#32
                          THanks everyone for the replies. My boy is a very good very calm horse that ground ties and loads and trailers very well so I don't think it will be an issue no matter what I do as long as I take precautions and care.

                          Comment


                          • #33
                            I think if you own the horse and he's quiet as you say, you should have no trouble. Just get him in the habit of stepping forward and not backing up, while you slip back to secure the divider. I don't own a slant, but when I have to use one I toss the rope out the window (or slat, in a stock), and then go outside to their head to tie them.

                            My horror story was many moons ago as a kid, I was tying my mare in the trailer, something happened, she panicked, and she was pulling back with her back feet out of the trailer with her nylon rope across my chest, sawing into my skin with me pinned against the trailer wall unable to move, with her flipping out. Her halter finally broke and she flipped, catching her head on the metal tab on the trailer roof for the vent. That was ugly for both of us.
                            As Peter, Paul, and Mary say, a dragon lives forever.

                            Comment


                            • #34
                              I spent the last couple of weeks focusing on trailering.

                              I have a one-horse, straight-load bumper pull; and I load by myself. I was afraid to tie the head before the butt bar was latched, and afraid to latch the butt bar with the head untied!

                              With my particular rig and my particular horse, my fear was him turning around, not running backwards. After dozens of practices, I decided he is not prone to flying backwards. But my one-horse is plenty wide enough to tempt him to turn around (but not quite wide enough for that to be OK).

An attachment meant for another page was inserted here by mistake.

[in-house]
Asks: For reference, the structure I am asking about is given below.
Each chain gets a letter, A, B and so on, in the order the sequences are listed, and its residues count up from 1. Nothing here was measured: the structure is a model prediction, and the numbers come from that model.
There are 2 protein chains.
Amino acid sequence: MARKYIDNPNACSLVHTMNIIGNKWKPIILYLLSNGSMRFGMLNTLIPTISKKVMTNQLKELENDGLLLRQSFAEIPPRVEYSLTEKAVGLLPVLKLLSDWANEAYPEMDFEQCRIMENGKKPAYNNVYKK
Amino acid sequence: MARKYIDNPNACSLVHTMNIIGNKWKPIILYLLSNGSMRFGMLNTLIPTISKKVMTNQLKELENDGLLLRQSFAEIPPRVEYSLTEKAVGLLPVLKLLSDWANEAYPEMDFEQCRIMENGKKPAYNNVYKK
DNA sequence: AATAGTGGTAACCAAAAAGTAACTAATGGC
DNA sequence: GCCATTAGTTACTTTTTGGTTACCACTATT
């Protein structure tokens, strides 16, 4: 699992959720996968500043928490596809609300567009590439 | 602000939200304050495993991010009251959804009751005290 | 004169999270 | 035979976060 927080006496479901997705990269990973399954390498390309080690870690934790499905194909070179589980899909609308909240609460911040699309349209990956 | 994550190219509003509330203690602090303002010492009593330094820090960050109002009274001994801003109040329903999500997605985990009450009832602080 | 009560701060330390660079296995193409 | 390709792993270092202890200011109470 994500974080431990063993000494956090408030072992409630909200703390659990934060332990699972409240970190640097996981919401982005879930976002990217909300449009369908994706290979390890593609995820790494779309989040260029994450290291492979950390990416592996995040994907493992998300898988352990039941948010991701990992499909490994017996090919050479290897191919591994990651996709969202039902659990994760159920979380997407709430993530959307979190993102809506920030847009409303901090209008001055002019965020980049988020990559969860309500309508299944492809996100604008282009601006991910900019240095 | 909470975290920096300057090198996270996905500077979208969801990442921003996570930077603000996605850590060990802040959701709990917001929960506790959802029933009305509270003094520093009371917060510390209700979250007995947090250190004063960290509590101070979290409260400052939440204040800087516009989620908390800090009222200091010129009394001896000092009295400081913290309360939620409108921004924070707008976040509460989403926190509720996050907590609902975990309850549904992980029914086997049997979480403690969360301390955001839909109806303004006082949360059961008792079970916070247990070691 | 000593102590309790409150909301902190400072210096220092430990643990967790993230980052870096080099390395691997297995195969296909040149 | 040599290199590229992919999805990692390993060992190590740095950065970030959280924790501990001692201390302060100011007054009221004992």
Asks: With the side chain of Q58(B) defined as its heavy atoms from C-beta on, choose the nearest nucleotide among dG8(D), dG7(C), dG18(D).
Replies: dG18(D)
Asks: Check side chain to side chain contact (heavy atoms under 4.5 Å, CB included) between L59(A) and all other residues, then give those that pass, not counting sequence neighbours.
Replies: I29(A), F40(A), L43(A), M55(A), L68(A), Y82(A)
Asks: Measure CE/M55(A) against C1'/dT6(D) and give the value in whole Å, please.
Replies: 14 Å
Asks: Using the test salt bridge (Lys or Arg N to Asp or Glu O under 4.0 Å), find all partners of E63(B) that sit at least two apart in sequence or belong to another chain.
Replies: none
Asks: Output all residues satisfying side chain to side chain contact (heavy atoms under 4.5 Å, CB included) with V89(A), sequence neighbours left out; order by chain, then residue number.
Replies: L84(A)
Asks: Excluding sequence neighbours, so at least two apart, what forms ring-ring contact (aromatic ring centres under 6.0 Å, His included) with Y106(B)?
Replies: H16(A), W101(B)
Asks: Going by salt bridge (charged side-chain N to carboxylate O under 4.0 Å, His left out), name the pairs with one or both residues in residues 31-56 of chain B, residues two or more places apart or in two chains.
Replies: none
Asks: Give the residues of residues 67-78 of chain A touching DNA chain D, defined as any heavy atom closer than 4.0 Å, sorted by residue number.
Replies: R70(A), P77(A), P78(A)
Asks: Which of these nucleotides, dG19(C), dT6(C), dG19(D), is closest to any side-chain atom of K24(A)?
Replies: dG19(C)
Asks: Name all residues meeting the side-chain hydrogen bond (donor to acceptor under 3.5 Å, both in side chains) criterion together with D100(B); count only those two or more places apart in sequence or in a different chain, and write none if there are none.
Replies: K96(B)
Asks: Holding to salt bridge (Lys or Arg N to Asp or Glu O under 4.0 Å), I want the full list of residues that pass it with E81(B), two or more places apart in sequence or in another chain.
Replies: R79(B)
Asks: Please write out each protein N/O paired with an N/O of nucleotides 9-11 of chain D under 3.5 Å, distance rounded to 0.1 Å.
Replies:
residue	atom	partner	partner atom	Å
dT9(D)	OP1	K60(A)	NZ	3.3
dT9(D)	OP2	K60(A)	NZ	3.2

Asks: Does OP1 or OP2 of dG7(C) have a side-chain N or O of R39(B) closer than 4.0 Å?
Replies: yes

I use The Clip, which will not let him turn around; but has enough give to prevent him from flipping over backwards or breaking his neck were he to fall. Just having this in place has given me a lot of confidence.

                              So I walk in with him and clip him. (Sending him in alone would not prevent him from turning around and getting stuck, so I don't even bother. Every situation is different, of course.) Then I do the butt bar.

                              I put a lot of interesting trailering videos and pictures (interesting to me anyway) on my blog in the last couple of weeks.


                              Cheeky donkey


                              Using a mirror to keep a single horse calm in the trailer.

                              The butt bar issue.


                              More butt bar discussion.


                              More cute pictures.


                              Standing tied to the trailer.

                              Very short rides.

                              Anxiety in the trailer.

                              Riding in the trailer with him.

                              Riding in the trailer by himself.
                              I have a Fjord! Life With Oden

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                              • #35
                                Is it not possible to teach your horse to move past you into the trailer, you close everything up, sort out the leadrope and drive off? Why do you all need to lead your horse onto the trailer?

                                Comment


                                • #36
                                  Originally posted by AlythLong View Post
                                  Is it not possible to teach your horse to move past you into the trailer, you close everything up, sort out the leadrope and drive off? Why do you all need to lead your horse onto the trailer?
                                  For me, it's because he can get in there, attempt to turn around, and get stuck. I need to do the head before the butt bar. Also, my trailer is spacious and my horse isn't scary. It's just easier for me to walk in with him for now. (I know different situations are different.)